Radeon RX 6800 and 6800 XT review: AMD returns to high-end PC gaming

They're solid NVIDIA competitors -- except when it comes to ray tracing.

Devindra Hardawar/Engadget

After years of focusing on mid-range video cards, AMD is making another play for powerhouse hardware with its new Radeon RX 6000 line. Last year's Radeon VII was a notable attempt to stay relevant in the high end market, but it never made much sense for gamers since it was slower than NVIDIA's RTX 2080. The VII was followed up by AMD’s mid-range RX 5000 series, which was more competitive but topped out at the $400 RX 5700 XT. Now AMD has a slew of beefy cards you may actually want: the $579 RX 6800, the $649 6800 XT and the $999 6900 XT. Clearly, the goal is to take on NVIDIA's powerful RTX 3000 GPUs with cheaper alternatives.

Even if AMD didn't unveil these new cards though, you could argue that it'll easily win the GPU war this year. Its RDNA architecture powers the PlayStation 5, as well as the Xbox Series X and S, all of which will bring powerful graphics into more homes than NVIDIA's PC GPUs. But it makes sense for AMD to finally show some love to hardcore PC gamers once again, if only to take NVIDIA's relentless marketing hype down a notch. And after testing the Radeon RX 6800 and 6800 XT over the past week, I can confirm that AMD's new hardware can easily go toe-to-toe with the RTX 3070 and 3080.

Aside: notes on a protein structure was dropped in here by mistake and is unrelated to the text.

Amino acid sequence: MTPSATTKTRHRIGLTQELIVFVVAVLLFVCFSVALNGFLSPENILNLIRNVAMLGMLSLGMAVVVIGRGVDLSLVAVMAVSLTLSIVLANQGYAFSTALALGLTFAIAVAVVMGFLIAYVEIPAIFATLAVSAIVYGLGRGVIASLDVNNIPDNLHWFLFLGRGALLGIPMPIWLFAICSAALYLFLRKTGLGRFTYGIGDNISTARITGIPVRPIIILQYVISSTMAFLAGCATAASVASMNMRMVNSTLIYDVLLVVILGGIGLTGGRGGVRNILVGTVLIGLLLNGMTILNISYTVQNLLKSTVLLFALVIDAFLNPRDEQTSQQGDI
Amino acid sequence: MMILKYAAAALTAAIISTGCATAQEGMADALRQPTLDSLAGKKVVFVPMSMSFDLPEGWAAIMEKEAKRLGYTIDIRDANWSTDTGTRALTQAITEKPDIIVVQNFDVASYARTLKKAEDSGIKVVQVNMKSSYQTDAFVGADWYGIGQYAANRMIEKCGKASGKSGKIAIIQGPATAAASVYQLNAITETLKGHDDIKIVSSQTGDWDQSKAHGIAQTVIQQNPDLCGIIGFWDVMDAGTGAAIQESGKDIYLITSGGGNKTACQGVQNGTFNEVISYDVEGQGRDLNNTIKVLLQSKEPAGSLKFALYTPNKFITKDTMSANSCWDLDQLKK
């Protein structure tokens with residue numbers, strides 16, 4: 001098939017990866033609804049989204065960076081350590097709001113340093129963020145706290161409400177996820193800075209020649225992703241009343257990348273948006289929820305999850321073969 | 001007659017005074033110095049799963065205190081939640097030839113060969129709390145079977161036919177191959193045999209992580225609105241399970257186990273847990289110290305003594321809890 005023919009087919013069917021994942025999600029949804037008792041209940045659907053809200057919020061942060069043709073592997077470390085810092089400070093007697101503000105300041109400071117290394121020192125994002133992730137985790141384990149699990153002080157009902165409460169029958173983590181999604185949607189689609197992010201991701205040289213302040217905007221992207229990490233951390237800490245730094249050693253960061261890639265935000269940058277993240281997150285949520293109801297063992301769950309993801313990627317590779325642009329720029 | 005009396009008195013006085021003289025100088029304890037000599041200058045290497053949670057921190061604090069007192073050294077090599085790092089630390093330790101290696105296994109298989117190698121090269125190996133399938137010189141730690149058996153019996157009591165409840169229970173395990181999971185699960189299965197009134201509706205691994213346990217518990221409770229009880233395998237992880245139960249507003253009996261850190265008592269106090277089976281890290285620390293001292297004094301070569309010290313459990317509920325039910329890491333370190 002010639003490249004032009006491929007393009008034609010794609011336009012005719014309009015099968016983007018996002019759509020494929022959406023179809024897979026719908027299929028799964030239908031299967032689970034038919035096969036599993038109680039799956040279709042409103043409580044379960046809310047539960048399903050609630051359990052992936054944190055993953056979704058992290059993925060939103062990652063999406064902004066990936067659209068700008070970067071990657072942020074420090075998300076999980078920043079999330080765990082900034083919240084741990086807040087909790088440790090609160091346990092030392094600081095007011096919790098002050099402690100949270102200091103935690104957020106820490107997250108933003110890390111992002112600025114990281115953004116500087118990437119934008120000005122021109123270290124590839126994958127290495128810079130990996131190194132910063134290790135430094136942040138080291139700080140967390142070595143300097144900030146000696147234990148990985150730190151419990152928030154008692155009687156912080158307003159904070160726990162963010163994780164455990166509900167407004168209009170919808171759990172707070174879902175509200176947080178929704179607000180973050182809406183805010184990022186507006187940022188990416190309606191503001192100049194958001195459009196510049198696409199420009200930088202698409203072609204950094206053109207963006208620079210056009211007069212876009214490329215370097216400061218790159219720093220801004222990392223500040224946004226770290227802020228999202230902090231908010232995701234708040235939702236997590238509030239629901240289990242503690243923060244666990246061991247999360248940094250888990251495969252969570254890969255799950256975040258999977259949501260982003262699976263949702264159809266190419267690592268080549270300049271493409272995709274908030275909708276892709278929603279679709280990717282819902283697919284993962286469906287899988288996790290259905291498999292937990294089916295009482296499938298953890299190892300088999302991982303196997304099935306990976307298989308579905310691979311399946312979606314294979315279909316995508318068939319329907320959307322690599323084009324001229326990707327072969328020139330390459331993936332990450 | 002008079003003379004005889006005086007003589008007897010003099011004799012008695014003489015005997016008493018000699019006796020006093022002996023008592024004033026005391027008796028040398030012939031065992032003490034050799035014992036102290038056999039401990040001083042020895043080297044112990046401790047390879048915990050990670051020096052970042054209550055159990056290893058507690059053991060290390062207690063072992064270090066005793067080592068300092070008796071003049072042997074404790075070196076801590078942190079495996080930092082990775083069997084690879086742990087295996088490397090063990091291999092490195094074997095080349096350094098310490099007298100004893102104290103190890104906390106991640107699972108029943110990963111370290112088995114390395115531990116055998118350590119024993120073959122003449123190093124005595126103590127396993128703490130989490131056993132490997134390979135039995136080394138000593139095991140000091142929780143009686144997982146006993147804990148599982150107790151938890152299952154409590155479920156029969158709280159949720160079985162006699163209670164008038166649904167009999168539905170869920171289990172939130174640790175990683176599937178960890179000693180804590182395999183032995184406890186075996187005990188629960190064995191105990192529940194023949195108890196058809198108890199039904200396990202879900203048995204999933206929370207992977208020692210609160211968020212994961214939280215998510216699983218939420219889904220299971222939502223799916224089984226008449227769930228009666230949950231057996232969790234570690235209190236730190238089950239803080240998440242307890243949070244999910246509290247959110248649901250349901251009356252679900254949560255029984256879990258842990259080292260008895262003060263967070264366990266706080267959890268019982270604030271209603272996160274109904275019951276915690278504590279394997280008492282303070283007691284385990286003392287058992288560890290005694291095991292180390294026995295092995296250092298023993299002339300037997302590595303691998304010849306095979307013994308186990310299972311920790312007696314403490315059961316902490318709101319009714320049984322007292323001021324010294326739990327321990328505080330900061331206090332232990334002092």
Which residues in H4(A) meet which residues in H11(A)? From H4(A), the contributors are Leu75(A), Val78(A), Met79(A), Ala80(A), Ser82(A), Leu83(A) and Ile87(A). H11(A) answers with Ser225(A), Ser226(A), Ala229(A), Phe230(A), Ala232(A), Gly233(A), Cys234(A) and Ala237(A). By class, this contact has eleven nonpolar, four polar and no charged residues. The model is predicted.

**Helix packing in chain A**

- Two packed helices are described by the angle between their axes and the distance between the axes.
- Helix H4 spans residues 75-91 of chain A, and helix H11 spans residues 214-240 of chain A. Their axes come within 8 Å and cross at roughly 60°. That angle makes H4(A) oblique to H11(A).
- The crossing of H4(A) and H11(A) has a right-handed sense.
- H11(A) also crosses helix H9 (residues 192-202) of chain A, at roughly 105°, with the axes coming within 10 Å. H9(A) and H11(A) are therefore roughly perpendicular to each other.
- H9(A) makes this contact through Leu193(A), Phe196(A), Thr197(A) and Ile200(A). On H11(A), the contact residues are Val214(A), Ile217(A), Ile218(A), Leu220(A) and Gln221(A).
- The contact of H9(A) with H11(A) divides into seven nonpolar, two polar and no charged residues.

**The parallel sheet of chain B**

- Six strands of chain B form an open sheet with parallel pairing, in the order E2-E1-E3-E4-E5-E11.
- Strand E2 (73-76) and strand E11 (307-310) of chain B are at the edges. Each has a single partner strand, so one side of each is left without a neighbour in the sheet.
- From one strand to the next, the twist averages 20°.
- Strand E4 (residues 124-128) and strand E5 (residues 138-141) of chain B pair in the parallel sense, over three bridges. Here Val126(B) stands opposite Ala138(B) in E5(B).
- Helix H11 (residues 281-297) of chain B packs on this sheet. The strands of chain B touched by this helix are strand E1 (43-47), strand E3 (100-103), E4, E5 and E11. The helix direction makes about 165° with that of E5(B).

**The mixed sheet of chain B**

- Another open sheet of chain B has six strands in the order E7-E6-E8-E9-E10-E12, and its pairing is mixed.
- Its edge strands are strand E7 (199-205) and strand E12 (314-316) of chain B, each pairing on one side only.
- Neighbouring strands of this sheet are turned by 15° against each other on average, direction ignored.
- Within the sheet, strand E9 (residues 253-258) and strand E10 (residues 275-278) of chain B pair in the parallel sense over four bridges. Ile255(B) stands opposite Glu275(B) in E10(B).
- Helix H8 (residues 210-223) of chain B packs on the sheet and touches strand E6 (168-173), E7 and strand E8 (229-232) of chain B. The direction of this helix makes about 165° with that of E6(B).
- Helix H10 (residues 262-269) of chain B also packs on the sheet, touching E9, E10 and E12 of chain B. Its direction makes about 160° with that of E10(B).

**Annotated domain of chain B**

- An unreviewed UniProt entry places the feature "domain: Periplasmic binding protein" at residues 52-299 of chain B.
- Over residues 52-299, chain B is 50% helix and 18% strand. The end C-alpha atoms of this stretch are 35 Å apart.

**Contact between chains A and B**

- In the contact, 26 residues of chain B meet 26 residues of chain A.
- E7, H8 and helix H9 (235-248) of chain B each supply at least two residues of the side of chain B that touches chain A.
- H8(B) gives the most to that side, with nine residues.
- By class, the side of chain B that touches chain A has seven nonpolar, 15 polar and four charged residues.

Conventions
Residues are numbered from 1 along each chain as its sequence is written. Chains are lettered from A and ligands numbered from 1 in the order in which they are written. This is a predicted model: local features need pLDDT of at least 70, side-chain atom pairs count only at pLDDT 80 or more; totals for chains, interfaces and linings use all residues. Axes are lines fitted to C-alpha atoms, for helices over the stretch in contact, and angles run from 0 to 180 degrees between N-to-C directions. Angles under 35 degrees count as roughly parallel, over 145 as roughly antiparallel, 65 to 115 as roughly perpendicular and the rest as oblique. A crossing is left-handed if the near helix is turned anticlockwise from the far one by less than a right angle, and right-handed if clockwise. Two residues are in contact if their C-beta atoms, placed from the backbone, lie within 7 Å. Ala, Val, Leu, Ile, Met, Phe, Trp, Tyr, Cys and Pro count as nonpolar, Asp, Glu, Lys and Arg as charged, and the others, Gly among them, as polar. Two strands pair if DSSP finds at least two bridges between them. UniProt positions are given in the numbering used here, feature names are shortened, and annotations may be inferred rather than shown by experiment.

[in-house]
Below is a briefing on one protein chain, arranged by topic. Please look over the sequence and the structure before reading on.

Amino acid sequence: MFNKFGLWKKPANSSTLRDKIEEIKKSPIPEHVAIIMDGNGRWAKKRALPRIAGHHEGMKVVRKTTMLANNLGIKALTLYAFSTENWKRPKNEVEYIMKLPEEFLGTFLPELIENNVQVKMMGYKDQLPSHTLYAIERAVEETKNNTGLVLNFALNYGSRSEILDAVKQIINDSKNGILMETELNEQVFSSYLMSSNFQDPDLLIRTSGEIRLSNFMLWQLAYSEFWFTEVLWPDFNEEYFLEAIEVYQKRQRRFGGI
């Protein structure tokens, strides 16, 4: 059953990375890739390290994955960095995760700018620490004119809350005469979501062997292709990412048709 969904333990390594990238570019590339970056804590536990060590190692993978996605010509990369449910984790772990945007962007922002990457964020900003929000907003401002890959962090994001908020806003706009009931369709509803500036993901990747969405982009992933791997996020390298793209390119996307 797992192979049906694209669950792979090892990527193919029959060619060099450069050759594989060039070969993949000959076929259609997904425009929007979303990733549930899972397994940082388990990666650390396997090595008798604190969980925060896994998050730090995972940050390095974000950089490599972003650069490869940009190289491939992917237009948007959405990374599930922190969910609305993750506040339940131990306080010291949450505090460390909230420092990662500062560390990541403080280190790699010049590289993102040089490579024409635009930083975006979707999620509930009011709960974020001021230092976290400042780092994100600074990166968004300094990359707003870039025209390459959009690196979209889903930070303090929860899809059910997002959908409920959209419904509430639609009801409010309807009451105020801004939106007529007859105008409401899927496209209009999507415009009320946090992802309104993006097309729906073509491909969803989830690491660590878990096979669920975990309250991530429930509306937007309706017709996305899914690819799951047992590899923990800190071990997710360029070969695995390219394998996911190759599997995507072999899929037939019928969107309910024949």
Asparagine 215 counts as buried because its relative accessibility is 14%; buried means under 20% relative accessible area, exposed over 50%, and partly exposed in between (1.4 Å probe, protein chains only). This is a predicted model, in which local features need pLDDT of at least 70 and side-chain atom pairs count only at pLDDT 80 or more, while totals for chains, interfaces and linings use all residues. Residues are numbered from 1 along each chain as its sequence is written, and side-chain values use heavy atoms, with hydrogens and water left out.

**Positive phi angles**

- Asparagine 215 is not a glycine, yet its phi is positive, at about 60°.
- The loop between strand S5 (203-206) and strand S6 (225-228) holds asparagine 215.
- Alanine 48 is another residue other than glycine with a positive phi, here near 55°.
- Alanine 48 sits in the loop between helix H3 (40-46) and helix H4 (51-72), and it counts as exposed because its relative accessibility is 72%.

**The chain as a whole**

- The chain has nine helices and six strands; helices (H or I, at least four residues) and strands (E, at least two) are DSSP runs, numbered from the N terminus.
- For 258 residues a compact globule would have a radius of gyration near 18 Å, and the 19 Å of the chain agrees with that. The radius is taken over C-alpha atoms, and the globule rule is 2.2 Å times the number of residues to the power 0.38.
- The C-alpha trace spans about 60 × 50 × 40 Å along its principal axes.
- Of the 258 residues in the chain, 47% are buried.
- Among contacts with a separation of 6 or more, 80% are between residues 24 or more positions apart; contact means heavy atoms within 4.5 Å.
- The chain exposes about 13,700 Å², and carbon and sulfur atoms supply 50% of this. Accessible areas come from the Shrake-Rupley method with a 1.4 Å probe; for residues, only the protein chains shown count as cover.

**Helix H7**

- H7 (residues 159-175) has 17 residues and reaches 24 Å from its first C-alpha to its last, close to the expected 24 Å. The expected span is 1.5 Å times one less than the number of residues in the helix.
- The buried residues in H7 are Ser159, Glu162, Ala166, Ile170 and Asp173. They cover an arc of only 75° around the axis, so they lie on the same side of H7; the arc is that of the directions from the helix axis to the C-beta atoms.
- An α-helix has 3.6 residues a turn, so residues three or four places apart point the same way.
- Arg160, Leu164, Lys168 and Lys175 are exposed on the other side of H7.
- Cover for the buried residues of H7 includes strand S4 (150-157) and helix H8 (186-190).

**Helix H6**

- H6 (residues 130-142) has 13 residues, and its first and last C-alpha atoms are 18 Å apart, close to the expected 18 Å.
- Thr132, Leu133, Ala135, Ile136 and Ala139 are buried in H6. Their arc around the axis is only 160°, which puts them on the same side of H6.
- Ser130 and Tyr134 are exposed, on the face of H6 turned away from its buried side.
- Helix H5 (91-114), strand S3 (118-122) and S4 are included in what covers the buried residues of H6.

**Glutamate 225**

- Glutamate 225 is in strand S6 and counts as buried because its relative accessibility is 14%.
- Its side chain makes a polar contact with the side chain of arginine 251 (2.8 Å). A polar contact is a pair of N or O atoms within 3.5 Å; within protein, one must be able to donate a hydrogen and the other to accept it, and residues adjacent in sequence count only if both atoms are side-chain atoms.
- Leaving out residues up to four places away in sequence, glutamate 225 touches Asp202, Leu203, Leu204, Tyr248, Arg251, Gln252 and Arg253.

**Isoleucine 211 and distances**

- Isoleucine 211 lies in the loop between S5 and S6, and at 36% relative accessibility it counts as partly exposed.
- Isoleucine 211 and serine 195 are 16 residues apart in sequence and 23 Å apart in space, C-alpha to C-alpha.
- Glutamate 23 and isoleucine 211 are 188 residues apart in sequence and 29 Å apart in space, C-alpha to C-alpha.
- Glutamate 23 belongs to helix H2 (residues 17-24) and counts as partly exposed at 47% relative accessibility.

What's special about the RX 6800 and 6800 XT is what's under the hood: AMD's new 7nm RDNA 2 architecture, its first with support for hardware accelerated ray tracing. The 6800 sports 60 compute units and ray tracing accelerators, while the 6800 XT boosts both of those figures to 72. They also feature 16GB of GDDR6 memory, compared to 10GB on the RTX 3080 and 8GB on the 3070. Now that 4K gaming is the focus, more memory can impact how well games load and perform, although the RTX 3080 has significantly higher memory bandwidth than AMD’s cards, which levels out the playing field.

AMD's Radeon RX 6800 and 6800 XT

The 6800 and 6800 XT make a striking first impression. They're large cards that look like they're carved out of a single block of metal, with three fans cooling a traditional array of heatsink fins. While NVIDIA came up with an entirely new cooling and PCB design for its latest cards, AMD is sticking with a fairly standard design. But hey, at least they've moved on from the annoying single-fan blowers. Both cards rely on two 8-pin power connectors, and thankfully they're at the very edge so you can route cables easily.

3DMark Timespy Extreme

Shadow of the Tomb Raider Benchmark

Hitman 2 Benchmark

Destiny 2

3DMark Port Royal Ray Tracing

Radeon RX 6800


55 fps

104 fps

90-110 fps


Radeon RX 6800 XT


96 fps

123 fps

100-120 fps


RTX 3070


51 fps

70 fps

85-95 fps


RTX 3080


82 fps

98 fps

130-140 fps


All games tested in 4K/HDR with the highest graphics quality settings, on a rig powered by an Intel Core i7-8700K and 32GB of RAM.